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Ecol Lett. 2008 Nov;11(11):1252-1264. doi: 10.1111/j.1461-0248.2008.01245.x. Epub 2008 Sep 25.

Stoichiometry of soil enzyme activity at global scale.

Author information

1
Department of Biology, University of New Mexico, Albuquerque, NM, 87131, USADepartment of Environmental Sciences, University of Toledo, Toledo, OH 43606-3390, USASchool of Life Sciences, Arizona State University, Tempe, AZ 85281, USADepartments of Ecology and Evolutionary Biology and Earth System Science, University of California, Irvine, CA 92697, USADepartment of Natural Resources, University of New Hampshire, Durham, NH 03824, USADepartment of Environmental Science, Policy and Management, University of California, Berkeley, Berkeley, CA 94720, USADepartment of Biology and the Environmental Science Program, Carthage College, 2001 Alford Park Drive, Kenosha, WI 53140, USADepartment of Ecology, Evolution and Behavior, University of Minnesota, 1987 Upper Buford Circle, St Paul, MN 55108, USADepartment of Ecology, Evolution and Marine Biology, University of California, Santa Barbara, Santa Barbara, CA 93106, USADepartments of Ecology, Evolution & Behavior, Plant Biology and Soil, Water & Climate, University of Minnesota, 1987 Upper Buford Circle, St Paul, MN 55108, USAUnited States Geological Survey, 345 Middlefield Rd, MS 962, Menlo Park, CA 94025, USANatural Resource Ecology Laboratory, Colorado State University, Campus Delivery 1499, Fort Collins, CO 80523-1499, USASchool of Natural Resources, University of Michigan, Ann Arbor, MI 48109-1115, USA.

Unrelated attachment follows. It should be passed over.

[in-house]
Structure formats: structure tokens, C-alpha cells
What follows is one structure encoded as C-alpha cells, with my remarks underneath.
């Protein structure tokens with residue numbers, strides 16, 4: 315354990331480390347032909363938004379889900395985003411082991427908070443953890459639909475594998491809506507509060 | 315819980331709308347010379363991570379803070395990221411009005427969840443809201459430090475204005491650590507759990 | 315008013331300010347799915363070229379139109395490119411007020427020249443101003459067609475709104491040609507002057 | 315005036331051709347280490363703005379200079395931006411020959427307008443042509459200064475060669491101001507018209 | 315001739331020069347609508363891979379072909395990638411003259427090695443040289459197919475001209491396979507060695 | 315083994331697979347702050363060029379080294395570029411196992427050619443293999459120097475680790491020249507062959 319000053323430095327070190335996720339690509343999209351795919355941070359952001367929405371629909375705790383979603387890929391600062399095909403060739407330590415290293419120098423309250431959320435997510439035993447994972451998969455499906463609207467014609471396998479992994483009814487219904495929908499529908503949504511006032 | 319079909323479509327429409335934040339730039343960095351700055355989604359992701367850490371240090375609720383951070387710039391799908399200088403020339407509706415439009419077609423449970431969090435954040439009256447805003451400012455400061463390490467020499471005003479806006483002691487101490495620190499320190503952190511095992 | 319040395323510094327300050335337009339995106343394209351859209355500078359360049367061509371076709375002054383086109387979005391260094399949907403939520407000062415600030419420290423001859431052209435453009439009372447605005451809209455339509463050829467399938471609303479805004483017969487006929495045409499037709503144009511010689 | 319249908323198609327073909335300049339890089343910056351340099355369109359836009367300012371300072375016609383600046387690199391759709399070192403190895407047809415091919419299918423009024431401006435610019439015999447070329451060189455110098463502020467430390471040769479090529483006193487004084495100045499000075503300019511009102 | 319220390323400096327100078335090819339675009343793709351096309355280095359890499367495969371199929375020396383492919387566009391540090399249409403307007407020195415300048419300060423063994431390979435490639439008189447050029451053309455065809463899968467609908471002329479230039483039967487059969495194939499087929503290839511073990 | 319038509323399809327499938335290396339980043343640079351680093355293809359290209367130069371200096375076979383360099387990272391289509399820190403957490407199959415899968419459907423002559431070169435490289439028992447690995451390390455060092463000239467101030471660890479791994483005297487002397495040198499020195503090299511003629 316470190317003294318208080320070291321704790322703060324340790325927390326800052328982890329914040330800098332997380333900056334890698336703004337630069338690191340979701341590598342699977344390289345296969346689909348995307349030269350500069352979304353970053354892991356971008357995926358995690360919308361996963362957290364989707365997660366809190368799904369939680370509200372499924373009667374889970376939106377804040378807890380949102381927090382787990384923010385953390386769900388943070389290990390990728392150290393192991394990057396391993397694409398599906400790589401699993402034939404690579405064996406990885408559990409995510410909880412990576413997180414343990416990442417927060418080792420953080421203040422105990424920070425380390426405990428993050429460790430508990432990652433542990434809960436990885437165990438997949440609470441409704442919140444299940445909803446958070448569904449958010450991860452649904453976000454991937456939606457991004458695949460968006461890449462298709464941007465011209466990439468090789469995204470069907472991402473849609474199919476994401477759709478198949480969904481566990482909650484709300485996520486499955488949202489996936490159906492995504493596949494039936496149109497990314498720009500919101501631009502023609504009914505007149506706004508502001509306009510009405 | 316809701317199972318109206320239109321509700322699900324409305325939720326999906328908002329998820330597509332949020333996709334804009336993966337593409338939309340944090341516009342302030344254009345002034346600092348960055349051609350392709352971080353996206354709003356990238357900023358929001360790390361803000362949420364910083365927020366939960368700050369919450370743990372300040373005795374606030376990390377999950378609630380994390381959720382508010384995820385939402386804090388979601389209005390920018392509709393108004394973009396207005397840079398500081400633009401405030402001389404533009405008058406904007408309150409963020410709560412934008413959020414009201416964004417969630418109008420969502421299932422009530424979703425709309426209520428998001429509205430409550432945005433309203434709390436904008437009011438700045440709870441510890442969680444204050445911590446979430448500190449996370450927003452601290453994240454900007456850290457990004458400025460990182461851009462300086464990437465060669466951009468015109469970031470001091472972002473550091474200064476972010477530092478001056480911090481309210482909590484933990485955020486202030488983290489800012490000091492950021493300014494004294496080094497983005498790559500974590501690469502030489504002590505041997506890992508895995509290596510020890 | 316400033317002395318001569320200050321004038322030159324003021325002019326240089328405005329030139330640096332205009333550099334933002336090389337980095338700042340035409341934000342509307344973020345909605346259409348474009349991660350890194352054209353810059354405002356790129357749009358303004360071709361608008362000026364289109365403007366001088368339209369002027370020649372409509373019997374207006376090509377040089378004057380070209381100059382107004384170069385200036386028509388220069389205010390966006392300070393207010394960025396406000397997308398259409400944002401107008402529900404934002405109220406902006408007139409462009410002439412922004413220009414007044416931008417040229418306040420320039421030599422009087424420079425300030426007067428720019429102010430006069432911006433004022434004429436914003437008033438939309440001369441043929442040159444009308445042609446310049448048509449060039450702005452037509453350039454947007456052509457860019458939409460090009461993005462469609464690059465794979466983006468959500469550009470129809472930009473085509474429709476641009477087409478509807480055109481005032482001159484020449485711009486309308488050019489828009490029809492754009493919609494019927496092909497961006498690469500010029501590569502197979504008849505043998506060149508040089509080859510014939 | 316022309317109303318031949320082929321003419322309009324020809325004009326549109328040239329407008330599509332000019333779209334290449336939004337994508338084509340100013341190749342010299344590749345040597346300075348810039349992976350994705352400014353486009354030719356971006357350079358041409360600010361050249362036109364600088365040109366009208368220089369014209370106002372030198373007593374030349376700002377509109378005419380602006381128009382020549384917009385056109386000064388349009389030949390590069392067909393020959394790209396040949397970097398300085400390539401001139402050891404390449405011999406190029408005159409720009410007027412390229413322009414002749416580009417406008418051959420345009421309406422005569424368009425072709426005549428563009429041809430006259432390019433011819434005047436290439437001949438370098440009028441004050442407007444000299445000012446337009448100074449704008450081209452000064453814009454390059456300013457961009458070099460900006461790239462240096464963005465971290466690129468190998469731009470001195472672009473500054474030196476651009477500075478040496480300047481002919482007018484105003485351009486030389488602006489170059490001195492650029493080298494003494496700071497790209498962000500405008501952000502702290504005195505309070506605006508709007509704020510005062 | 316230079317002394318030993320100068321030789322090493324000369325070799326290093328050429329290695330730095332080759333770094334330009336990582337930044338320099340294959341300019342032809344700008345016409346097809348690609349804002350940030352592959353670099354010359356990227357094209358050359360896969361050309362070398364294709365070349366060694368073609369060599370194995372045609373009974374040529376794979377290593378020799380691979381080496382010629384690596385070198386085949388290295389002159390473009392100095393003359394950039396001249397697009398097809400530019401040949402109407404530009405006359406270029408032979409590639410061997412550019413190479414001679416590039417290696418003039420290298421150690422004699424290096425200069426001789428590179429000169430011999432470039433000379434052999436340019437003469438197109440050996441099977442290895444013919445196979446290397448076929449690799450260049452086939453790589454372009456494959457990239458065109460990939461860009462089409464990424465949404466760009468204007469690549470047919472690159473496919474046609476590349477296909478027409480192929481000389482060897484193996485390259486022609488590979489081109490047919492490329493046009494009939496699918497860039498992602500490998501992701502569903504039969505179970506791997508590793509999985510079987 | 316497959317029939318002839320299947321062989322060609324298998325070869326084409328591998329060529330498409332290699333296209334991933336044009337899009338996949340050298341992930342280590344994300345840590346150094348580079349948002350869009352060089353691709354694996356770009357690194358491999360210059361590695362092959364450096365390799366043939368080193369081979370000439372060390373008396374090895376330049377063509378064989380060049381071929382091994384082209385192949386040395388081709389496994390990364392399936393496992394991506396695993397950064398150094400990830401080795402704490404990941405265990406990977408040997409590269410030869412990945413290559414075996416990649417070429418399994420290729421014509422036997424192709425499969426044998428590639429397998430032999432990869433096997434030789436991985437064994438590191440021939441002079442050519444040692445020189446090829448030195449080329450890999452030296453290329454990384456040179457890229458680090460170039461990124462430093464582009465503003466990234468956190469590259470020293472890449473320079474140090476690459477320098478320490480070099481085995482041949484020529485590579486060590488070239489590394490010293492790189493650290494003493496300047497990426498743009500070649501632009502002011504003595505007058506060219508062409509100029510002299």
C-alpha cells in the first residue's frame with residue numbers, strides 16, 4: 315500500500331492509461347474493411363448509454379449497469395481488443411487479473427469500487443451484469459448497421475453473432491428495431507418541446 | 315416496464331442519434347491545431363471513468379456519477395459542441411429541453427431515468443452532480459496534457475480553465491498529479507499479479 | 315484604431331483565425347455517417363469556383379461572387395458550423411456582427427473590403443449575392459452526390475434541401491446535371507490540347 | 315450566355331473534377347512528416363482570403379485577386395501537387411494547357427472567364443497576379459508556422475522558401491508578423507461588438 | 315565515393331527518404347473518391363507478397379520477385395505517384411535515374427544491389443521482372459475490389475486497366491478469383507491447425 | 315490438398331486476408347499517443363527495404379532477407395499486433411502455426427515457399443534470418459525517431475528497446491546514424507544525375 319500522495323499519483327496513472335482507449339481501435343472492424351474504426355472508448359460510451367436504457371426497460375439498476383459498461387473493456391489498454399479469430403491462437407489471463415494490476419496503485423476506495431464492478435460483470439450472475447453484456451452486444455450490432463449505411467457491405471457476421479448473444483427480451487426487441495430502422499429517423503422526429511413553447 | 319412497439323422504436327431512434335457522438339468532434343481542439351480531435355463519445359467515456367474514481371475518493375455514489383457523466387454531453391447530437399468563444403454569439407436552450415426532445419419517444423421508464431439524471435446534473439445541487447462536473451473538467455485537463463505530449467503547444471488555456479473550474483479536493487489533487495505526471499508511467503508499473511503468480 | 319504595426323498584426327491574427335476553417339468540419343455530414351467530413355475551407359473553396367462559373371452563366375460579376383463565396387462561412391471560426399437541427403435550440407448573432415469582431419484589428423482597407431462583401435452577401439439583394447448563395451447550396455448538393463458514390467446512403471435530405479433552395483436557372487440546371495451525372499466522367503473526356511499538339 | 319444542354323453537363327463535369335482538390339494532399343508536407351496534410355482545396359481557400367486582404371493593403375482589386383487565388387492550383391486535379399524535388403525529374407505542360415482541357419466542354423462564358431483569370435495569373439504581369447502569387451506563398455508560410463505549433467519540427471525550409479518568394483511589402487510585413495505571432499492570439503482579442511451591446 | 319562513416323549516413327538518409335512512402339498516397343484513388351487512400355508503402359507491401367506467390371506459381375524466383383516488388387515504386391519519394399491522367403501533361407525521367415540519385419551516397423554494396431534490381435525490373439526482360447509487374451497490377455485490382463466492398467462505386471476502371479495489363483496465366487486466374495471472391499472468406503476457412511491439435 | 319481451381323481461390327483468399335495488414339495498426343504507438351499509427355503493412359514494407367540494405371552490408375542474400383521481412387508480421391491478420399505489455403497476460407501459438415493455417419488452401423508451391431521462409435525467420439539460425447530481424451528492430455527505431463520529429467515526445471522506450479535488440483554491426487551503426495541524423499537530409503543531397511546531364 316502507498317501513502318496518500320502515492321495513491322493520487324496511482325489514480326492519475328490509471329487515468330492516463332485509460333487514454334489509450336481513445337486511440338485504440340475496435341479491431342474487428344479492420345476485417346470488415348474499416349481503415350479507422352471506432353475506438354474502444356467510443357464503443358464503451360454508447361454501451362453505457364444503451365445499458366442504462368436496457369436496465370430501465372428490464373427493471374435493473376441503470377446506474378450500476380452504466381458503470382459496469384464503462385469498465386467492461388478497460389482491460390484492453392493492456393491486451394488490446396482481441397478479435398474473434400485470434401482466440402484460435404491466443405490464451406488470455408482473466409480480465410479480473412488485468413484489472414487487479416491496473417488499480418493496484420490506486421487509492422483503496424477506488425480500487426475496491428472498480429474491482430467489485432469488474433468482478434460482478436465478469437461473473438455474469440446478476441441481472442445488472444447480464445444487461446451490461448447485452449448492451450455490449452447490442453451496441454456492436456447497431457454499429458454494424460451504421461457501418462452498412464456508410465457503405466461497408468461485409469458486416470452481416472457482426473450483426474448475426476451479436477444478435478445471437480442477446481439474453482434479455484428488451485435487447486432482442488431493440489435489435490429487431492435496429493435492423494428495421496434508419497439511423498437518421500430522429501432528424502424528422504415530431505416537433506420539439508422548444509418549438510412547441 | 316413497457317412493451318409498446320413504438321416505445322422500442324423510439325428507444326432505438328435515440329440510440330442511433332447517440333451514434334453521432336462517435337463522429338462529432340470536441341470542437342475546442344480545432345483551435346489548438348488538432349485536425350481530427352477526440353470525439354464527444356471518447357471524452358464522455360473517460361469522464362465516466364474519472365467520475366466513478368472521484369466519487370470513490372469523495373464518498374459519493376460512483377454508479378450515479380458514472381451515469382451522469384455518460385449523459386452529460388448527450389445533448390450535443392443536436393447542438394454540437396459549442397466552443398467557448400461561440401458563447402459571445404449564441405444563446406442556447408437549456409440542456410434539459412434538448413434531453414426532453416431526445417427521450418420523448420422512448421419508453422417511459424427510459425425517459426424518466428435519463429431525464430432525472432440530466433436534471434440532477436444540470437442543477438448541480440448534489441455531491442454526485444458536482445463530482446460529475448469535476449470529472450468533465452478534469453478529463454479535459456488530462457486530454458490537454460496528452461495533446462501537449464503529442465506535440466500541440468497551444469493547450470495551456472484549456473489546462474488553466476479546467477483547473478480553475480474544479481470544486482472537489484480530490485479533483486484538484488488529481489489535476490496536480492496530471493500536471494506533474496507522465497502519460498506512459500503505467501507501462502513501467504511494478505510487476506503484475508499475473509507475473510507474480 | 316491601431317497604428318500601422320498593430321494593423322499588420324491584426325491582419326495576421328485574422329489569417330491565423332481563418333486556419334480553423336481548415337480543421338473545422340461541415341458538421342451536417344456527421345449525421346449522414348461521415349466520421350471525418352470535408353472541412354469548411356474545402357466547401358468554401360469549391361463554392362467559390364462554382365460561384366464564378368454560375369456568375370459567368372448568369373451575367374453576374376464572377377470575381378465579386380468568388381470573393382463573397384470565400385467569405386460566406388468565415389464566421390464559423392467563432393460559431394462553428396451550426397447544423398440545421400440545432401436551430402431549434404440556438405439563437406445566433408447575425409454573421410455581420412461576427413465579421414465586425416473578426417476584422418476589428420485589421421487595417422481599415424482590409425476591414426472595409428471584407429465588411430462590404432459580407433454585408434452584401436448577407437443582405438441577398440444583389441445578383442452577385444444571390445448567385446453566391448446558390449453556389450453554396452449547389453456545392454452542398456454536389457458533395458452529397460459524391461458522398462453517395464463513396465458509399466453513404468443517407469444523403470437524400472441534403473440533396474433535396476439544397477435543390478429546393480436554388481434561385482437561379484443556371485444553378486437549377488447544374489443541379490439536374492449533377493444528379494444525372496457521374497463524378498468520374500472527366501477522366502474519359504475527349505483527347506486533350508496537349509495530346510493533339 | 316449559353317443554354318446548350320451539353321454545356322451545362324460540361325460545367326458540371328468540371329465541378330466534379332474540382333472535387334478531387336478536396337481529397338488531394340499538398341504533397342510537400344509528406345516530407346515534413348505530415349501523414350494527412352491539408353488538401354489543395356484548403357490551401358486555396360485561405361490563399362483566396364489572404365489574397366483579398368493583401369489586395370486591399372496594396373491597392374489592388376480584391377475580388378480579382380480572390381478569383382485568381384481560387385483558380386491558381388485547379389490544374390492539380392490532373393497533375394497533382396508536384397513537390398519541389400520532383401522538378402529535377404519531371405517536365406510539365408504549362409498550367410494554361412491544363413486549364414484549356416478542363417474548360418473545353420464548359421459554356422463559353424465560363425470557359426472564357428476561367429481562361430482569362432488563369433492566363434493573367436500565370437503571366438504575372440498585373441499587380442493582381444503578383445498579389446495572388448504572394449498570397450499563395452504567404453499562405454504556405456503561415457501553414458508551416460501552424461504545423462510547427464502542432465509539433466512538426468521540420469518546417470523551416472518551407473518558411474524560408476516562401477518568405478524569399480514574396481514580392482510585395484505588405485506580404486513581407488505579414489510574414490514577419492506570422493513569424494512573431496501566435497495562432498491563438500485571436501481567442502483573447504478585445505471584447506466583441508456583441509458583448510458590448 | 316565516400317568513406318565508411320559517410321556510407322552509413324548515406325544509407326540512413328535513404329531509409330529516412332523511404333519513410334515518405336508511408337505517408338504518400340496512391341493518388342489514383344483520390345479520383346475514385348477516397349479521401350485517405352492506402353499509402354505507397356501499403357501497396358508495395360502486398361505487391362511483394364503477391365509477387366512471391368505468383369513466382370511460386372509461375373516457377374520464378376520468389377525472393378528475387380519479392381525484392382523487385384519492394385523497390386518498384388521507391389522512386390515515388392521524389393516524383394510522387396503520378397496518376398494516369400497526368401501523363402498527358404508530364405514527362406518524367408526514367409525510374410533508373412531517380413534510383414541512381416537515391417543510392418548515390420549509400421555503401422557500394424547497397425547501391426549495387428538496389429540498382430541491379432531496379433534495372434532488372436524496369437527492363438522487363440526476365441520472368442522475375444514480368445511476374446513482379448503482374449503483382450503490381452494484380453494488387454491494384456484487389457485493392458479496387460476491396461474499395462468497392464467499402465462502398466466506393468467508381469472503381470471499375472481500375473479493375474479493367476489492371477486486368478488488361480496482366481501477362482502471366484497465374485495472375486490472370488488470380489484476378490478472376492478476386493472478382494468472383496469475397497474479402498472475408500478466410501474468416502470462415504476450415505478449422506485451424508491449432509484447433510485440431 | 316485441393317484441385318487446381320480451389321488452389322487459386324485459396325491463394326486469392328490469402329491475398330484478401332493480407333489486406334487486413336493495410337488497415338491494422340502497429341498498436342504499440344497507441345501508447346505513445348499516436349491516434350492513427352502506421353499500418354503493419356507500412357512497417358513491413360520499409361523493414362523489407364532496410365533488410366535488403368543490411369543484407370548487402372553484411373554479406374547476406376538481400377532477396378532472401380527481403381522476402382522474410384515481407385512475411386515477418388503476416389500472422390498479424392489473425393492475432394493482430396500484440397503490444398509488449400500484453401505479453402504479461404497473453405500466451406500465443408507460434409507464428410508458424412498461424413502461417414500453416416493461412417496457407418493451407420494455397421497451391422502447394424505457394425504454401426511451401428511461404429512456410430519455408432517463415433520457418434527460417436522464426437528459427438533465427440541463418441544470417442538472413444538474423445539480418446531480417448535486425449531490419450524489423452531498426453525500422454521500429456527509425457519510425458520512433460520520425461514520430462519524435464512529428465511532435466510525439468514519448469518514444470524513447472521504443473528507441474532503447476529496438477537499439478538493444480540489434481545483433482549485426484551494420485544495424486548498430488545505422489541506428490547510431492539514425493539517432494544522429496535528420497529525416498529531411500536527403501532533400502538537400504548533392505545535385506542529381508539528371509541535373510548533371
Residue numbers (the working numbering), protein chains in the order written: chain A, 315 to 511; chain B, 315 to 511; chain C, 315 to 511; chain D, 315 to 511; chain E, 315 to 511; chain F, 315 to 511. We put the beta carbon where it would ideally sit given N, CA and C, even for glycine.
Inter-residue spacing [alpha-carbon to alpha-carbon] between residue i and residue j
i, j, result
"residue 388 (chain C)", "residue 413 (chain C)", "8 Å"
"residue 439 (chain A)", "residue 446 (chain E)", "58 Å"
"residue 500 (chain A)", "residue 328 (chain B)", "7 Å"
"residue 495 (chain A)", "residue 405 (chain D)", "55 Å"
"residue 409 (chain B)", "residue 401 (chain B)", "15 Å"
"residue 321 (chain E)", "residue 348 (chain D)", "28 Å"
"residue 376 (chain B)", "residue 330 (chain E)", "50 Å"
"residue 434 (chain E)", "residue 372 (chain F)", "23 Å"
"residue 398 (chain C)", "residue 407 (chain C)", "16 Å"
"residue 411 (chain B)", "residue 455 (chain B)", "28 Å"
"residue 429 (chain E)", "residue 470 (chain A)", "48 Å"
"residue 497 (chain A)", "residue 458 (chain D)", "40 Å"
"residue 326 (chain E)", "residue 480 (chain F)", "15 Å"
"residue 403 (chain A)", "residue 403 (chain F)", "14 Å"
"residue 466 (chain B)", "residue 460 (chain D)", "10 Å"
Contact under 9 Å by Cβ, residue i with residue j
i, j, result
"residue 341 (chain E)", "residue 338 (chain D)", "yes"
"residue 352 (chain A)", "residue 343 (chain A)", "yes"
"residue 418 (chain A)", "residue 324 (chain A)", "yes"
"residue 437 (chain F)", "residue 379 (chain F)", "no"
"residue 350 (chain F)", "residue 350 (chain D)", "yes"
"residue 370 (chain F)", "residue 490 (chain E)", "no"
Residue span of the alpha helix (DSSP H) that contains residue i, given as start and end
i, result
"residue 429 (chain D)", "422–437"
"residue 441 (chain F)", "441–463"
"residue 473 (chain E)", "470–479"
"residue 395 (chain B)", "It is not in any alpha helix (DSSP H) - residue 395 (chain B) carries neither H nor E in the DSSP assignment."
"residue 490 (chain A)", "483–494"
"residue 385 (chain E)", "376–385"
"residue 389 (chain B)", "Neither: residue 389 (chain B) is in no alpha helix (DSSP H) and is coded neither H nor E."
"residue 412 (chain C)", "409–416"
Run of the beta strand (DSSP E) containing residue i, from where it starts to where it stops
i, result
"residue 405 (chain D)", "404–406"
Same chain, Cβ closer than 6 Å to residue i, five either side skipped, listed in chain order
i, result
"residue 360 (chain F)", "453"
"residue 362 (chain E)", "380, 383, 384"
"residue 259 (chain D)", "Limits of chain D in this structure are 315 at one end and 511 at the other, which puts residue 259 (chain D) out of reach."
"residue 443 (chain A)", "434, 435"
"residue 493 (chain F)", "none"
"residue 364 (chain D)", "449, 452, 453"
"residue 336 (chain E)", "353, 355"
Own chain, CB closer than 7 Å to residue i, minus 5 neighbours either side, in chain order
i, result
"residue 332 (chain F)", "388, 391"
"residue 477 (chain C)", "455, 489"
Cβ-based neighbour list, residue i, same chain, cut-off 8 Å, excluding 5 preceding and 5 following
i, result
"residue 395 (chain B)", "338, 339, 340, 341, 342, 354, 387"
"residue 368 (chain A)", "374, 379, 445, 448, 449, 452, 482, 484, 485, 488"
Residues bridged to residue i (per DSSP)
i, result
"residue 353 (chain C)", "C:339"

Abstract

Extracellular enzymes are the proximate agents of organic matter decomposition and measures of these activities can be used as indicators of microbial nutrient demand. We conducted a global-scale meta-analysis of the seven-most widely measured soil enzyme activities, using data from 40 ecosystems. The activities of beta-1,4-glucosidase, cellobiohydrolase, beta-1,4-N-acetylglucosaminidase and phosphatase g(-1) soil increased with organic matter concentration; leucine aminopeptidase, phenol oxidase and peroxidase activities showed no relationship. All activities were significantly related to soil pH. Specific activities, i.e. activity g(-1) soil organic matter, also varied in relation to soil pH for all enzymes. Relationships with mean annual temperature (MAT) and precipitation (MAP) were generally weak. For hydrolases, ratios of specific C, N and P acquisition activities converged on 1 : 1 : 1 but across ecosystems, the ratio of C : P acquisition was inversely related to MAP and MAT while the ratio of C : N acquisition increased with MAP. Oxidative activities were more variable than hydrolytic activities and increased with soil pH. Our analyses indicate that the enzymatic potential for hydrolyzing the labile components of soil organic matter is tied to substrate availability, soil pH and the stoichiometry of microbial nutrient demand. The enzymatic potential for oxidizing the recalcitrant fractions of soil organic material, which is a proximate control on soil organic matter accumulation, is most strongly related to soil pH. These trends provide insight into the biogeochemical processes that create global patterns in ecological stoichiometry and organic matter storage.

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